Lately, I have been in the space of questioning if it’s worth going beyond the agreed-upon contracts and proposals between my clients and me. Like many coaches and consultants, I have had the opportunity to interview, I find myself between a rock and a hard place, especially when we see greatness in our clients and particular projects. As thoughtful business owners, we share ideas and strategies as we desire to see them excel and be successful. There are times where we may volunteer to give more that goes beyond the scope of agreement, but at what point should we draw a line?
I am a giver. I’ve been that way all my life. I used to give away my lunch in elementary school to those who had none. I would give my gloves and hats away to children whose parents could not afford to buy them. I’d share my toys during circle time so that the children who didn’t have any would not feel left out. Being a giver is a way of life for me; however, when it comes to business, lately, I have begun to question my going the extra mile.
With the season soon to change, what better time to change my coaching and consulting. I recently attended a transformative workshop. It was titled Healthy Boundaries for a Healthy Business by Elizabeth Dekker, the owner of The Right Hands.
As a person of prayer, I had been asking God to show me if I give too much to clients outside of their paid package choice. God is a giver, so to be transparent, I had a challenge even asking the question. However, since spending time lamenting, God began answering my request. Time and time again, God showed me that I needed to use wisdom in my giving.
I had my answer. I began to implement ways to shift the paradigm within my own business. To my surprise, it wasn’t going to be easy. At the age of 54, I have too many years under my belt of giving over and beyond. I began to ponder two questions.
1. Do we risk doing too much for clients to where we are then taken for granted or even taken advantage?
2. Do we put ourselves in places whereas it becomes expected of us to do things that are not included in their paid and agreed upon package choice?
For an authentic and serious business owner and entrepreneur, there are times we must take a step back and evaluate our packages, price points, processes, and systems.
Here are my findings after 90-days of evaluating my business, interviewing eight business owners, and accepting a challenge from a fierce business coach.
In doing more than the agreed-upon project outline, it is possible that as business owners and entrepreneurs, we are pinning ourselves against a wall. Whereas we may see it as being helpful, we could be doing ourselves a disservice. How?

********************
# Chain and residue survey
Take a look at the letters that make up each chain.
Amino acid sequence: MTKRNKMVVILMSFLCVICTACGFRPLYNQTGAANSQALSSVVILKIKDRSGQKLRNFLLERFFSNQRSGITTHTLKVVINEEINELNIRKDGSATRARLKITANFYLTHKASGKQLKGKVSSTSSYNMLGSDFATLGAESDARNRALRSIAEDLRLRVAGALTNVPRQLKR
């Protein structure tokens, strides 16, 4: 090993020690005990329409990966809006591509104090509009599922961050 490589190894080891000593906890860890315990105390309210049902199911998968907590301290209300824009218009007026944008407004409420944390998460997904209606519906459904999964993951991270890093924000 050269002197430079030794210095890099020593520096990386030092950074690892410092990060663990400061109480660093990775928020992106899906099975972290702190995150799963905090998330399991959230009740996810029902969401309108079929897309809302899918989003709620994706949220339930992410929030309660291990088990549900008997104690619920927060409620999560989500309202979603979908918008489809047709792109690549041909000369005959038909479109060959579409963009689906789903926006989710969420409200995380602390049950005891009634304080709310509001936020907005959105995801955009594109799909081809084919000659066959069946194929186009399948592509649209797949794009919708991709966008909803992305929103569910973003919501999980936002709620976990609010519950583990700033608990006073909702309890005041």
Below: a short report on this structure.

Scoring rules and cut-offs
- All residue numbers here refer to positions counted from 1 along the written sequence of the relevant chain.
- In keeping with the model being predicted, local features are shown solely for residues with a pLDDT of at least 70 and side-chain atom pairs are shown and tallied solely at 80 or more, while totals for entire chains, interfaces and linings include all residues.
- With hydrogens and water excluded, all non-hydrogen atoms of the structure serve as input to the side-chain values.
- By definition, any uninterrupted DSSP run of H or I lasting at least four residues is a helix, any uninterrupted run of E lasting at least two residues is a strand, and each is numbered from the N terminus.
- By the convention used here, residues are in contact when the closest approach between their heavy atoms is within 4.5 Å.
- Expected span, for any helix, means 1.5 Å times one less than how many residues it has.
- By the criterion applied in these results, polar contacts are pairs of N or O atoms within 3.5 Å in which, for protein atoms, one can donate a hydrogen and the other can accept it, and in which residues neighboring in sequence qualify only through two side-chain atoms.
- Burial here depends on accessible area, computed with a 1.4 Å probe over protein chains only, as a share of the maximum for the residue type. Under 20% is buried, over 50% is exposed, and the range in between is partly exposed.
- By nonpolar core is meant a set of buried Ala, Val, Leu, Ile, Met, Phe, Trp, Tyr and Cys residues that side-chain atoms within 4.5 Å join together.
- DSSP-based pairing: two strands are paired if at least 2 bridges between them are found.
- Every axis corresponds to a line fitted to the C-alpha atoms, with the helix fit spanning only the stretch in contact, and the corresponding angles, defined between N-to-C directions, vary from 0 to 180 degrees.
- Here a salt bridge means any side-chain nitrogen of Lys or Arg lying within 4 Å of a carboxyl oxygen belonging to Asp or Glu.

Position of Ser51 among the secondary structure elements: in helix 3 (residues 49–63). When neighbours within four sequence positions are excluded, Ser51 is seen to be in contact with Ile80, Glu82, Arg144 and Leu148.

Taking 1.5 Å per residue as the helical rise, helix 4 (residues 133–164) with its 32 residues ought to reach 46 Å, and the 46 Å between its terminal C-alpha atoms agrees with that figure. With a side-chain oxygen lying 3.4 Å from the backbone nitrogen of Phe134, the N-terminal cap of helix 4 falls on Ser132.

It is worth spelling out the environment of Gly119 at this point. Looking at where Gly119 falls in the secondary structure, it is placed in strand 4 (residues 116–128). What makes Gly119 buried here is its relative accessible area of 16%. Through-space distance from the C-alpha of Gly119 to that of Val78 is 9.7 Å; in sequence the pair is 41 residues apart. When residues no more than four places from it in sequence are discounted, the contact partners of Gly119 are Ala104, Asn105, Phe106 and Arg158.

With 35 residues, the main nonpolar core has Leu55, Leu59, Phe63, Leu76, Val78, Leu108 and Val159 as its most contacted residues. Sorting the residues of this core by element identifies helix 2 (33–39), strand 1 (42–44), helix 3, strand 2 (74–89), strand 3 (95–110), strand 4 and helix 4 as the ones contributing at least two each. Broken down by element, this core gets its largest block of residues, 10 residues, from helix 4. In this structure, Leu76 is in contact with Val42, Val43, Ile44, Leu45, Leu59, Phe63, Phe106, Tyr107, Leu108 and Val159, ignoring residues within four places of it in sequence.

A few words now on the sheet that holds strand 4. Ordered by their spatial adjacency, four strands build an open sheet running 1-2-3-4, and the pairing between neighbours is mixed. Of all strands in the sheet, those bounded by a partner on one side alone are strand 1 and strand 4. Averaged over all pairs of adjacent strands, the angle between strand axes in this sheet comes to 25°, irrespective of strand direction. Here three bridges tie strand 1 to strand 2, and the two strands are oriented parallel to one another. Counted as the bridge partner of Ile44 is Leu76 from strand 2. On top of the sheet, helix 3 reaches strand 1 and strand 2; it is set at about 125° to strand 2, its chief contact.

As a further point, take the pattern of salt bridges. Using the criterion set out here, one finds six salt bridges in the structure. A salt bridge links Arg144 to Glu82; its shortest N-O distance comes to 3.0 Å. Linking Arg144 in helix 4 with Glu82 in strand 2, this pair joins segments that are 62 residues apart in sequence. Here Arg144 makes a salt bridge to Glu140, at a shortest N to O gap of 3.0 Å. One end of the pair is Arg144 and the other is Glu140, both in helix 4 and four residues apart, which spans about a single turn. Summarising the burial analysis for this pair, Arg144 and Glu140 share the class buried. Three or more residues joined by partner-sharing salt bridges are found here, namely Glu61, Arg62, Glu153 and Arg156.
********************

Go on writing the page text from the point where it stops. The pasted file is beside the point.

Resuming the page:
- By taking time away from other current or potential clients.
- By sending the incorrect message that we are available regardless of the agreed contract/proposal.
- By devaluing our coaching and consulting packages.
- By setting ourselves and our businesses up to be labeled as not fulfilling our client’s expectations, although the extra items were not included in the package they chose.
- By creating unnecessary stress, which could also cause a strain on the business/client relationship.
- By neglecting our non-negotiables.
- By taking time away from personal projects to grow our business.
- By taking time away from self-care and family.
Yes, every coach and consultant will, at times, add an extra touch. The question becomes, “At what cost to our calendar, health, and value?” and the response should be, “At the point that we can effectively execute the project without neglecting our non-negotiables.
As the season changes, I have committed to being more intentional in setting boundaries. I’m exercising the wisdom God encouraged me to implement.
Newsflash: Our clients are not to blame. We are. We have to take responsibility. Additionally, we have to hold ourselves accountable to change by implementing boundaries and new rules. The growth of our businesses may depend upon our doing so.
Clients purchase packages they believe are best for them. It’s time to honor their package choice and work within the agreed contract/proposal outline.
I have a new sign on my office wall that reads, #FollowTheContractProposalOutline
Earlier I mentioned a fierce business coach. She challenged me to look at my last five clients and take the package price divided by the actual (not projected) hours spent. She stated, without blinking an eye, “When you see the bottom-line figure, that is what you are stating you are worth.” #Ouch
Tweetable: #WhenYouDontKnowWhatToDo implement new rules and #FollowTheContractProposalOutline. @GailDudley
What about you? As the season changes, what will you implement within your business? What new rules are you implementing to hold you accountable to your values, processes, and systems?